The principal conspiracy evidence against Nissenbaum was that he participated in the development of a template for a shelter called PICO Amnesty. But here, Cabranes said, Dougherty testified that Nissenbaum only reviewed template letters Dougherty had prepared and had done nothing more than make "non-substantive comments" such as "take out the bold" and "correct a typo."
Other evidence that Nissenbaum was involved in keeping a trade account open on one shelter and reviewing documents on a solicitation letter for a third shelter was also scant, Cabranes said.
As with Shapiro, the court found the evidence insufficient as to all three objects of the conspiracy as related to Nissenbaum, and then found the evidence insufficient as well for the two counts of tax evasion.
And it vacated Nissenbaum's conviction for violating §7212(a) in making four misleading statements to the IRS in an IRS Information Document Request (IDR) regarding another shelterTradehill with Cabranes citing the "equivocal testimony" of two witnesses as to whether tax avoidance was the only objective of the Tradehill transaction, and the primary role of another attorney in drafting the response to the IDR.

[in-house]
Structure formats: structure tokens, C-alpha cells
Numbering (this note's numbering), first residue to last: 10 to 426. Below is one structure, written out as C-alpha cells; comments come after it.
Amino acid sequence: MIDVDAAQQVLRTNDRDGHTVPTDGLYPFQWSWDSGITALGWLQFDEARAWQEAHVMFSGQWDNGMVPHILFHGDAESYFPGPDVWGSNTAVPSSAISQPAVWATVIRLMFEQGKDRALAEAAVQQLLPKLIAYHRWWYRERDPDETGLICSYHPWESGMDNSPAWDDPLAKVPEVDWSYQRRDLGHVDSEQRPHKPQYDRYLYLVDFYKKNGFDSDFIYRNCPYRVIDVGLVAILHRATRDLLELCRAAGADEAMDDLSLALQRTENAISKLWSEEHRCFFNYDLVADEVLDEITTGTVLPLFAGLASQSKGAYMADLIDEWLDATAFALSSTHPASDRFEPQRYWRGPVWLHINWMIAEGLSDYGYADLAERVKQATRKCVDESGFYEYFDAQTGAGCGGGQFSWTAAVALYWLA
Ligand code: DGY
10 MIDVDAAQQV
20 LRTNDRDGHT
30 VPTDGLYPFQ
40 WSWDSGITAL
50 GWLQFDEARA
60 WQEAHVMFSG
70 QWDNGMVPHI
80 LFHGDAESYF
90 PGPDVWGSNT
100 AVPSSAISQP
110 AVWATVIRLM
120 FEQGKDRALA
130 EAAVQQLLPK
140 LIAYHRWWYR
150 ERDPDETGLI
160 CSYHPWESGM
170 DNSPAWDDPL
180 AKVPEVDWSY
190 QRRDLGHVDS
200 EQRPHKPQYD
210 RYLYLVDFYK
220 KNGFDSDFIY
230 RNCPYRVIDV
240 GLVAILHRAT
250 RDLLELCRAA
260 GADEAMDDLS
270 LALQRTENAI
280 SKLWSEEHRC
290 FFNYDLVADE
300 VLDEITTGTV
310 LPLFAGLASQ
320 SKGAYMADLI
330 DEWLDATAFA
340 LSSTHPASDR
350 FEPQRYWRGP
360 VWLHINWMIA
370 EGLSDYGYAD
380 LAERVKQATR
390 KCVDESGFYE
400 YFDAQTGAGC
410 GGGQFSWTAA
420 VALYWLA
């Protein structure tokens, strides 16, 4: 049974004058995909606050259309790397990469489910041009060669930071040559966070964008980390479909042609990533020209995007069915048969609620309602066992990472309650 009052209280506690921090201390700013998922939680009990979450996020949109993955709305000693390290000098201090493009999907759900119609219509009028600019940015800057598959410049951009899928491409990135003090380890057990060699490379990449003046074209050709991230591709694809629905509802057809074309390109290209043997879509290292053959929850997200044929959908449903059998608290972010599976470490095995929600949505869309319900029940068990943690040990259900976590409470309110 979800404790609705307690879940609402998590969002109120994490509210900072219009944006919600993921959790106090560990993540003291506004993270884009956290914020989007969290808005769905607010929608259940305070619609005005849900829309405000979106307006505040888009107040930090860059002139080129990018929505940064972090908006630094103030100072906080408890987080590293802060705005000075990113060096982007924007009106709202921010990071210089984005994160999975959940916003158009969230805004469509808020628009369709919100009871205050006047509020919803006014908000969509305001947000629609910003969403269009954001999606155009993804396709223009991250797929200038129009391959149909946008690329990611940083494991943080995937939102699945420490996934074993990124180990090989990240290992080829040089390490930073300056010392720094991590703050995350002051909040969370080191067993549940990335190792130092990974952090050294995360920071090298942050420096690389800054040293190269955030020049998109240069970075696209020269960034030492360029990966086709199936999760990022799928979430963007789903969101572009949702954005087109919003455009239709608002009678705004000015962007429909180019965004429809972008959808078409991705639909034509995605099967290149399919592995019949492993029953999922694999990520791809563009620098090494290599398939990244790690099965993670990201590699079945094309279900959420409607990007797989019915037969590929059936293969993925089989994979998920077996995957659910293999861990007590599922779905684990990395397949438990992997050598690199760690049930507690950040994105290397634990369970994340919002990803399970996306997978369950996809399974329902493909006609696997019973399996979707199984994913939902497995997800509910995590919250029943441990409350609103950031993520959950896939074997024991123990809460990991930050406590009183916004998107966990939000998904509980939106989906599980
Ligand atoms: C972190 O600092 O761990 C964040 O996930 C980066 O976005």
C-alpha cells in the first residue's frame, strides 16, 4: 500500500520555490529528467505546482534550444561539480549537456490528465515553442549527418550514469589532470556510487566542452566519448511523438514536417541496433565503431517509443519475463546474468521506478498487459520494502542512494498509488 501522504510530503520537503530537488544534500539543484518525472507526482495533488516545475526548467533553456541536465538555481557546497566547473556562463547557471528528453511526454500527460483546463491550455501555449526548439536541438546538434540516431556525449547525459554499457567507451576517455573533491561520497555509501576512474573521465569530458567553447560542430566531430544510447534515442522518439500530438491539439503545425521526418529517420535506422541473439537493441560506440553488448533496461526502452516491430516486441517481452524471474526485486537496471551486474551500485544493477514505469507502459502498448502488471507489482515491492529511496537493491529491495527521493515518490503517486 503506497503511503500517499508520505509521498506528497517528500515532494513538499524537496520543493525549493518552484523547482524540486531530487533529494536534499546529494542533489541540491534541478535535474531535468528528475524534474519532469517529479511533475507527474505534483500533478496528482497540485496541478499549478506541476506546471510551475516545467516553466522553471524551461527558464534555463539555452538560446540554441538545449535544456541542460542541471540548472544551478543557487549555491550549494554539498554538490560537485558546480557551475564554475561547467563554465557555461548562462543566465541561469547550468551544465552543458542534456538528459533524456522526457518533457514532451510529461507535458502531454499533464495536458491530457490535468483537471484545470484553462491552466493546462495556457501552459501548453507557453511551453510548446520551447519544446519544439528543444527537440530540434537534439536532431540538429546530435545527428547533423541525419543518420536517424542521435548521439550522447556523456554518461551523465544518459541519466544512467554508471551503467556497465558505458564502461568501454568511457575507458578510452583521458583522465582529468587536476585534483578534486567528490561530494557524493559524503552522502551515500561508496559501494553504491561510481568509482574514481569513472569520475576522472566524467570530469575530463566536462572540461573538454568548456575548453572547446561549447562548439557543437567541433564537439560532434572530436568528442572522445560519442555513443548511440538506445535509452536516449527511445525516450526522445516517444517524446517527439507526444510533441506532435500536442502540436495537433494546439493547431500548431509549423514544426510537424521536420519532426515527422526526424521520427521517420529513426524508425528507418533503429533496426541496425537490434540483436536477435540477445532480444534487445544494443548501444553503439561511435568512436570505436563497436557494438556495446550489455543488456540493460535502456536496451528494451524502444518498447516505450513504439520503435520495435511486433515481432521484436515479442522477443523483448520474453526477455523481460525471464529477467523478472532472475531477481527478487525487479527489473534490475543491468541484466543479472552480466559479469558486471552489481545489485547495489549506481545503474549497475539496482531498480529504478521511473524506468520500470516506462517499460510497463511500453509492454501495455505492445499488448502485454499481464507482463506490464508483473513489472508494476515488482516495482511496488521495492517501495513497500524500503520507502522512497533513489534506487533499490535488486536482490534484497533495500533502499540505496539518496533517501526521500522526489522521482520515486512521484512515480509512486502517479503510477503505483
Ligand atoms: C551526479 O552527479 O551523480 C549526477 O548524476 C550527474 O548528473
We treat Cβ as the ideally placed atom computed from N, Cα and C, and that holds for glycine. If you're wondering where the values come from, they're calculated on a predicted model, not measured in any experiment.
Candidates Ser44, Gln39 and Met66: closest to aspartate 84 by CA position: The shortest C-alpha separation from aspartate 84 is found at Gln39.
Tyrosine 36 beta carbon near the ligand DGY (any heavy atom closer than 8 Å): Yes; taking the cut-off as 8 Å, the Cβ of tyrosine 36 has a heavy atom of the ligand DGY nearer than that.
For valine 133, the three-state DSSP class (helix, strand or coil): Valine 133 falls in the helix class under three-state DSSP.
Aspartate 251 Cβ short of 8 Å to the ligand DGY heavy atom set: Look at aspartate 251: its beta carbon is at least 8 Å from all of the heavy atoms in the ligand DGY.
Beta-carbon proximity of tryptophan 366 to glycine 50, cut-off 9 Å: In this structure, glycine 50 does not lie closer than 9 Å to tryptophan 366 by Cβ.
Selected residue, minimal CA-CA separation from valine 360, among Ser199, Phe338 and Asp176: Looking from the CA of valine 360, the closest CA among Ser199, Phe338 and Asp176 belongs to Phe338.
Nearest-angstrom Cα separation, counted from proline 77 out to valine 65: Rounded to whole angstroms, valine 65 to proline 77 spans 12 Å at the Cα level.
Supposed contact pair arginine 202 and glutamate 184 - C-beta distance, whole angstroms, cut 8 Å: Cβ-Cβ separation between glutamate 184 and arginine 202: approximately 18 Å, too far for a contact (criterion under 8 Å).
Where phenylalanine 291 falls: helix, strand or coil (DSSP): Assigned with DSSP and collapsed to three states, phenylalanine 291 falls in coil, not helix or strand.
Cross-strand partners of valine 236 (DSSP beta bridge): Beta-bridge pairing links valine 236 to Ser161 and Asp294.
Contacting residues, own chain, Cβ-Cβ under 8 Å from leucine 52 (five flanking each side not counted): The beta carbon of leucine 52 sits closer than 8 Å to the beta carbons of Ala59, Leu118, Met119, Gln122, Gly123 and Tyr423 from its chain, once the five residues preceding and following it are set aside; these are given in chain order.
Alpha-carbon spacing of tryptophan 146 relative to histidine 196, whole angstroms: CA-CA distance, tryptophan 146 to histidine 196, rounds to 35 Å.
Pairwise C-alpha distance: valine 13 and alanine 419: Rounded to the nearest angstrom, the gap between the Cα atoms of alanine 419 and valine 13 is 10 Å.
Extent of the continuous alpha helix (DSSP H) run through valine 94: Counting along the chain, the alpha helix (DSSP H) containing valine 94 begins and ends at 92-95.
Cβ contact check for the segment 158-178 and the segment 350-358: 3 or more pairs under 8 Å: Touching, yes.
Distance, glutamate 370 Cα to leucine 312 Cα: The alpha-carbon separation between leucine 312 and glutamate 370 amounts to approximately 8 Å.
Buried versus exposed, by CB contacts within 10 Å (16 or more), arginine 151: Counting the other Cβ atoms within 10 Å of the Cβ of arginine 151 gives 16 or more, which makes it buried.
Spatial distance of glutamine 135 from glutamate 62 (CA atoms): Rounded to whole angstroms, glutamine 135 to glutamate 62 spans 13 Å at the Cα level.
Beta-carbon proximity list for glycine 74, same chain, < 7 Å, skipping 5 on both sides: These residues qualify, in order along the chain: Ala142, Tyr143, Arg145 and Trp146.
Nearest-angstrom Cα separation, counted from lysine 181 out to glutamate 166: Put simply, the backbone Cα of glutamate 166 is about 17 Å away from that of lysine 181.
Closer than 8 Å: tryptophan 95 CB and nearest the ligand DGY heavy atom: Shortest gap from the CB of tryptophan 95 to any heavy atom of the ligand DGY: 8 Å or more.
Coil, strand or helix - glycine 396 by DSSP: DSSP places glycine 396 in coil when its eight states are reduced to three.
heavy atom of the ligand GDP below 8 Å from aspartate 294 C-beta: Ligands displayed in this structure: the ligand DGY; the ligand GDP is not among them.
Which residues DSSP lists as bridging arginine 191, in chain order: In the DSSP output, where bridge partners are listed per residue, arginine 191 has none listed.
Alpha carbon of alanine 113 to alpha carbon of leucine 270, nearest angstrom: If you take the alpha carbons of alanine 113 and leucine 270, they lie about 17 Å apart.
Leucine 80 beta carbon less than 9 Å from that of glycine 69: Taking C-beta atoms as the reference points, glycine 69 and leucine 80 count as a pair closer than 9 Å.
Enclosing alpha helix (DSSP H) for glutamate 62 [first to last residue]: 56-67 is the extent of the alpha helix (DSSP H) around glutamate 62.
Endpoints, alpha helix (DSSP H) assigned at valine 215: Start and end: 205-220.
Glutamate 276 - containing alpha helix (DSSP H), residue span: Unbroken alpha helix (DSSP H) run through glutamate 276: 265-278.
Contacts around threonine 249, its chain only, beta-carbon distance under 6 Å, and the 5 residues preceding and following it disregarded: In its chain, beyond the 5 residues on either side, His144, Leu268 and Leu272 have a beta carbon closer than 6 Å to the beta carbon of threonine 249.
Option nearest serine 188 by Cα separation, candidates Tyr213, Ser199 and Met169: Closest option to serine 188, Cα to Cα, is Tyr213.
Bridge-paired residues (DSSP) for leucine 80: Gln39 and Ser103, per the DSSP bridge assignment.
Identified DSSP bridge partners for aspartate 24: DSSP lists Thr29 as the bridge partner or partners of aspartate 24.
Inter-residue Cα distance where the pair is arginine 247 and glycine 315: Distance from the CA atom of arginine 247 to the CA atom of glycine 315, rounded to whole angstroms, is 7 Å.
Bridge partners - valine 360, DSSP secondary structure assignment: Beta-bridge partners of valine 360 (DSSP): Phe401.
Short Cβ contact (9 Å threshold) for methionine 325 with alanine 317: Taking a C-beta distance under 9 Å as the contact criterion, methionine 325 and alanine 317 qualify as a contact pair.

The panel rejected several arguments offered by Coplan, including that Stein gave an unwarranted instruction to the jury on conscious avoidance.
It also held that Stein accurately stated the law when telling the jury to examine whether a tax transaction lacks "economic substance." A tax transaction lacks economic substance, Stein had said, where "there was no reasonable possibility that the transaction would result in a profit."
The dissent by Kearse came on the conspiracy counts and tax evasion counts. In both crimes, she said, the prosecution had produced sufficient evidence to support the convictions.
Assistant U.S. Attorney Richard Tarlowe argued for the government.
Denis P. Riordan of Riordan & Hogan in San Francisco argued for Coplan.
Nathan Lewin of Lewin & Lewin in Washington D.C. argued for Nissenbaum.